In this perspective article, we identified major barriers preventing CRISPR-mediated genetic engineering from reaching its full potential in plants, and we discussed the ways that nanoparticle technologies can lower or eliminate these barriers (Box 2 of the perspective paper). For instance, one crucial challenge is our inability to transform plant germline cells, and we hypothesized that the use of high tensile strength nanomaterials will be beneficial to transform pollen through large pollen surface apertures. We also suggested that the combined use of nanomaterials with other physical approaches such as microinjection for the transformation of flowers and shoot apical meristem is highly promising. Another technical limitation is the low efficiency of CRISPR homology directed repair (HDR) in plants. We proposed that the use of negatively charged nanoparticles to stabilize the Cas-guide RNA complex and carry a modified donor DNA interacting with Cas RNPs to shuttle the template to the nucleus could be a part of the solution. It could also help to perform time-staggered delivery of Cas protein, guide RNA, and donor DNA with nanoparticles for increasing HDR efficiencies in plants.

Furthermore, we highlighted some important outstanding questions pertaining to the nanomaterial-mediated CRISPR editing in plants (Box 3 of the perspective paper) to facilitate future discussion and creation of nanotechnologies for agriculture, bioproduct synthesis and bioenergy fields. One such outstanding question is “Would the regulation of gene edited plants using nanoparticles be different than traditionally edited plants?”. Another unknown is whether nanoparticles persist in downstream generations of edited plant offspring and what will be the environmental lifecycles and safety implications of nanomaterials on microbes and animals. We also need to start thinking about how to make these nanotechnologies widely available and routinely used in plant biotechnology applications.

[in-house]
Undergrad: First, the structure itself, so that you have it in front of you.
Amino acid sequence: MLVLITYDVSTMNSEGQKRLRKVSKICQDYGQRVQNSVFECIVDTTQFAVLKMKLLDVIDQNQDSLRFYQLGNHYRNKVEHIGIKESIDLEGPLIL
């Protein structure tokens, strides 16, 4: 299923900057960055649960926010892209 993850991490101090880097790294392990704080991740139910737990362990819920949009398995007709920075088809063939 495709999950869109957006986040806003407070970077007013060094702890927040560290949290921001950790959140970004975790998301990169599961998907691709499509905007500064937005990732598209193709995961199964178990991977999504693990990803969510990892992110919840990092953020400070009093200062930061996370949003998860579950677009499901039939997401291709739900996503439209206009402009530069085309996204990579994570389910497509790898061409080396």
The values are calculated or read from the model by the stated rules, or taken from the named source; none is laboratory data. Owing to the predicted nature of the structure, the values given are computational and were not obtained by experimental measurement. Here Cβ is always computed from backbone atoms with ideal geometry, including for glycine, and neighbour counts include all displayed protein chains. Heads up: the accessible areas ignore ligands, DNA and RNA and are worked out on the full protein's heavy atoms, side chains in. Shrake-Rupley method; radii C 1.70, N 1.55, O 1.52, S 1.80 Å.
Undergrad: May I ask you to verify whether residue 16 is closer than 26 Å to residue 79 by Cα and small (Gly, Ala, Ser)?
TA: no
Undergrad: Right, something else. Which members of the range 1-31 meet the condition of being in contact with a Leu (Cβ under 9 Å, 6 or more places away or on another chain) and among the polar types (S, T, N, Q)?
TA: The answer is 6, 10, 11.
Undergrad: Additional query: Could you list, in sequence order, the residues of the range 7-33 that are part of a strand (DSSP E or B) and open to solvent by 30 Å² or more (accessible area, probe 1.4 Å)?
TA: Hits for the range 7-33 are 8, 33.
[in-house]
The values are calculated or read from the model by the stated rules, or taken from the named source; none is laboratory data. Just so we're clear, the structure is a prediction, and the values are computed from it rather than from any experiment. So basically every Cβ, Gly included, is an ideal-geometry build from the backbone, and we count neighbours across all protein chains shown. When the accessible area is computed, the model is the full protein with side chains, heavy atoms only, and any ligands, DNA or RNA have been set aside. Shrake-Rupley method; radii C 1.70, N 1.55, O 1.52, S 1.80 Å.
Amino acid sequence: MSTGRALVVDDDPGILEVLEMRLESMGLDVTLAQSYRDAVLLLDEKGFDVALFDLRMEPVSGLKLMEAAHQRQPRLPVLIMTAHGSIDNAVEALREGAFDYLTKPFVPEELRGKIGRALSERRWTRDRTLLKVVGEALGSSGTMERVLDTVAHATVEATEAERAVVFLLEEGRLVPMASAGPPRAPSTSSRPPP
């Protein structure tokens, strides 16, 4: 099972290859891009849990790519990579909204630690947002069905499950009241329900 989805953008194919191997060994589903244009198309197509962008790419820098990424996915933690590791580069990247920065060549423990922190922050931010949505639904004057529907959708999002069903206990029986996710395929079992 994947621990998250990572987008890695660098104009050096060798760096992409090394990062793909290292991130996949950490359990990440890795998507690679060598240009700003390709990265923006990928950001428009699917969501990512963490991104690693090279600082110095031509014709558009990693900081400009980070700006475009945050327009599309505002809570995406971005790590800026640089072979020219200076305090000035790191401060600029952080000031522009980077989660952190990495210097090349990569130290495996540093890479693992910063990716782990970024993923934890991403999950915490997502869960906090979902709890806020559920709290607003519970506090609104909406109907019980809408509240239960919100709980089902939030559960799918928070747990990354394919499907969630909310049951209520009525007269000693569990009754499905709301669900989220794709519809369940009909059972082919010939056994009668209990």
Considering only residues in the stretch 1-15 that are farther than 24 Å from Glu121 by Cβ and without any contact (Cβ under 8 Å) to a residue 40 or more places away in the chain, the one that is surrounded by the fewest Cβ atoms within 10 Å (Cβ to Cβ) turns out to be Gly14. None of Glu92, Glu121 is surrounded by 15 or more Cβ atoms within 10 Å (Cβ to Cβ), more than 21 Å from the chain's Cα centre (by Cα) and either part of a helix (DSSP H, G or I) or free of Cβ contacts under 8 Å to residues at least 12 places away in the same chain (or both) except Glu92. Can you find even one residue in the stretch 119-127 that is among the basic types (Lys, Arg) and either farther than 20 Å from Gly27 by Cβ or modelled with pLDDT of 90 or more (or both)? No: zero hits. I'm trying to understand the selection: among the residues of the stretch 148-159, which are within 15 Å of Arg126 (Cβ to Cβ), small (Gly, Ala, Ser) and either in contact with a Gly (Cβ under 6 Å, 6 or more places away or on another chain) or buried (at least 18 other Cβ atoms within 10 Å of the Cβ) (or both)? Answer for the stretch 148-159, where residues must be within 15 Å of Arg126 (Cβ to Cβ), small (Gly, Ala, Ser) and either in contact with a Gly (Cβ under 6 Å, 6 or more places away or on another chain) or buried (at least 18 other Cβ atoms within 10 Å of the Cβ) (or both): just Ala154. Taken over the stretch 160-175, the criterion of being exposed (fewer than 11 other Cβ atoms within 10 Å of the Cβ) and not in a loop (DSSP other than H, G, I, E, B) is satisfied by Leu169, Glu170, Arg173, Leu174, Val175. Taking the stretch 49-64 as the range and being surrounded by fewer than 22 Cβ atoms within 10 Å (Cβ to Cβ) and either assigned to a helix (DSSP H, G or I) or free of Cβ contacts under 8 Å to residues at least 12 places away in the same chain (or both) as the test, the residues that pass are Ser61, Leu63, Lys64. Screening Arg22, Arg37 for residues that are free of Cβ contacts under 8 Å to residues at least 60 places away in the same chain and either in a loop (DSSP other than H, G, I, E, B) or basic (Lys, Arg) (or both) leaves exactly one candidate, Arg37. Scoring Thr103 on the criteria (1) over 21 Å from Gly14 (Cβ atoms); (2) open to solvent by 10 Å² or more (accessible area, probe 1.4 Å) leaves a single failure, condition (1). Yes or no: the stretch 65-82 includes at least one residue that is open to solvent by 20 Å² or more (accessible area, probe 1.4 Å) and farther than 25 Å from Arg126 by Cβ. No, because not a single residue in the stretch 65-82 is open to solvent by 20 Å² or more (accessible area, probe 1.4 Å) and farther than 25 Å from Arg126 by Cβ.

I hope that our perspective article and this blog serve as an inspiration and guideline to the community to develop technologies for plant genetic engineering. There are various outstanding questions, which call for attention from a diverse set of researchers, industry, policy makers, stakeholders, and farmers for progress in nanomaterial-mediated plant genetic engineering. I believe, through multidisciplinary collaborations, we can address these questions, and we need to remember that the timely advancement of the application of CRISPR technologies in plant engineering is crucial for our ability to feed and sustain the growing human population under changing global climate.

References

  1. Landry, M. P. & Mitter, N. How nanocarriers delivering cargos in plants can change the GMO landscape. Nat. Nanotechnol. 14, 512–514 (2019).
  2. Demirer, G. S., Zhang, H., Goh, N. S., González-Grandío, E. & Landry, M. P. Carbon nanotube–mediated DNA delivery without transgene integration in intact plants. Nat. Protoc. 14, 2954–2971 (2019).
  3. Demirer, G. S. et al. High aspect ratio nanomaterials enable delivery of functional genetic material without DNA integration in mature plants. Nat. Nanotechnol. 14, 456–464 (2019).
  4. Demirer, G. S. et al. Carbon nanocarriers deliver siRNA to intact plant cells for efficient gene knockdown. Sci. Adv. 6, eaaz0495 (2020).
  5. Demirer, G. S. & Landry, M. P. Efficient Transient Gene Knock-down in Tobacco Plants Using Carbon Nanocarriers. Bio-protocol 11, e3897–e3897 (2021).
  6. Demirer, G. S. et al. Nanotechnology to advance CRISPR–Cas genetic engineering of plants. Nat. Nanotechnol. (2021) doi:10.1038/s41565-021-00854-y.

Gozde Demirer

Postdoctoral scholar, UC Davis